THE OUTCOME: There are many options. The simplest solution would be for the court to dismiss the appeal on standing grounds, or who has a right to bring a case before the court. That would leave the lower courts or the other branches to decide who would defend DOMA. But if the court strikes down the benefits provision -- the only part of DOMA at issue here -- that would create many unanswered questions, especially in those states that currently ban gay marriage.
THE IMPACT: The Obama administration, in a rare move, has refused to defend a federal law in court. That left the GOP-controlled House of Representatives to file the legal appeals to the high court, creating unusual questions about standing.
California ballot measure (Proposition 8): Hollingsworth v. Perry
AT ISSUE: Whether the Constitution's 14th Amendment guarantee of "equal protection" prevents states from defining marriage as being only between one man and one woman.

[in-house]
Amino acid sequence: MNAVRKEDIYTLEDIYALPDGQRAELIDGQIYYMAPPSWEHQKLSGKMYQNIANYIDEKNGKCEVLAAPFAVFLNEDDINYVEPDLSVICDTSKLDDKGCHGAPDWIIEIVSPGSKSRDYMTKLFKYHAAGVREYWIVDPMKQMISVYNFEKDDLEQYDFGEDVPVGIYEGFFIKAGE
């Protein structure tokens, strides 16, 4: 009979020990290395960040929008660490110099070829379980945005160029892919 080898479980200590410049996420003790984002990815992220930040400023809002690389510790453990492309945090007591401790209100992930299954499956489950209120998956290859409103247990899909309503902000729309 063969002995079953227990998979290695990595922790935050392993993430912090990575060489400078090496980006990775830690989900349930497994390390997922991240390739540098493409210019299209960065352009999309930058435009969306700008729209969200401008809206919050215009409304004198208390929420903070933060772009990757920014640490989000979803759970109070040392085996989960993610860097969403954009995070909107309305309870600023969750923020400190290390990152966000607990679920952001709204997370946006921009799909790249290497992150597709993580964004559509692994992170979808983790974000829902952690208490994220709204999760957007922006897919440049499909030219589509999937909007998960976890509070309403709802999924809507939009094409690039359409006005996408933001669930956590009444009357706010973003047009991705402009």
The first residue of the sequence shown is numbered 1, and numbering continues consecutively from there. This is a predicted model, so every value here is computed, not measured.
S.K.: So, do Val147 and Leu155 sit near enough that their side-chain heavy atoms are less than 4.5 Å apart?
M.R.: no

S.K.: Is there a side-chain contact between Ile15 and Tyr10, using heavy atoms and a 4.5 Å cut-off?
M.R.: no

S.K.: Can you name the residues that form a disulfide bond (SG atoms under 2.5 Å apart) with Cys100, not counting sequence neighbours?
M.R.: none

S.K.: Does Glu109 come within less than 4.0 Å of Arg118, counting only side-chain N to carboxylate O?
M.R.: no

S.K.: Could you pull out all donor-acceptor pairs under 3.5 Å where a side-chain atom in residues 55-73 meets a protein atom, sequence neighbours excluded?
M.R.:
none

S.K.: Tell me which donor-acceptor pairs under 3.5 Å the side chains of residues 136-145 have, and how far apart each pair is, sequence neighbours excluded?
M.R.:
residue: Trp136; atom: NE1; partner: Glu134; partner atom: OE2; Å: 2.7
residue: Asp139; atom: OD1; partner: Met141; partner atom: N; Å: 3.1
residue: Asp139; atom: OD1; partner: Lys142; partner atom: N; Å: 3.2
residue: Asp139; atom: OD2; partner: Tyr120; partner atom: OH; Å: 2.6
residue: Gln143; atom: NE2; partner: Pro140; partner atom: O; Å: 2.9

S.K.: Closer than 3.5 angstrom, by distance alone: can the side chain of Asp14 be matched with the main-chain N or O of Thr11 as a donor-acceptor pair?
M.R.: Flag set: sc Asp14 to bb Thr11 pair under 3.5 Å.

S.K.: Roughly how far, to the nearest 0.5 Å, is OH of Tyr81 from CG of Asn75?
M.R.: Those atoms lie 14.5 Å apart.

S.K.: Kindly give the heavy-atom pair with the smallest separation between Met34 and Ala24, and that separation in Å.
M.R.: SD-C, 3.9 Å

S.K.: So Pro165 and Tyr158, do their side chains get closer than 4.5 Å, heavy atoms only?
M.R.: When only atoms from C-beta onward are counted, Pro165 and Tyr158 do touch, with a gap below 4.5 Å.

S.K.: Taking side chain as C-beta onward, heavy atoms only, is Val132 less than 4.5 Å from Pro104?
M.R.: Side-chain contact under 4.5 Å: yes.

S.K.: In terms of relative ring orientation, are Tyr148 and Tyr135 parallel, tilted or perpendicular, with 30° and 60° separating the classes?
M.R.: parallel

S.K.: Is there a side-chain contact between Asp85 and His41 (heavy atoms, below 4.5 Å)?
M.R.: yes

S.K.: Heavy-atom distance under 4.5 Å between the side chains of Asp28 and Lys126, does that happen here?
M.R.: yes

THE CASE: The "Prop 8" case, as it has become known, has been down a complicated legal road. California's Supreme Court ruled same-sex marriages were legal in 2008. After the statewide ballot measure banning them passed with 52% of the vote later that year, gay and lesbian marriages were put on hold. Then a federal appeals court in San Francisco ruled the measure unconstitutional. In its split decision, the panel found Proposition 8 "works a meaningful harm to gays and lesbians" by denying their right to civil marriage.
THE ARGUMENTS: California is the only state that accepted, then revoked, same-sex marriage as a legal right. The measure's supporters asked the justices to preserve the will of the voters in this politically charged social issue. Opponents of Prop 8 seek a court-ordered expansion of the "traditional" views of marriage.
THE OUTCOME: With so many options, the simplest one would be to "DIG" it -- dismiss the case as "improvidently granted," meaning the larger constitutional issues would not be settled, at least now. That could throw the case back to the lower courts to sort out the jurisdictional issues and perhaps allow another voter referendum next year on gay marriage. A sweeping ruling on whether same-sex marriage is a fundamental constitutional right seems unlikely.
THE IMPACT: Currently, same-sex marriage is allowed in nine states and the District of Columbia. Rhode Island, Delaware and Minnesota's recently passed laws take effect this summer. It is estimated about 120,000 legally married same-sex couples live in the United States.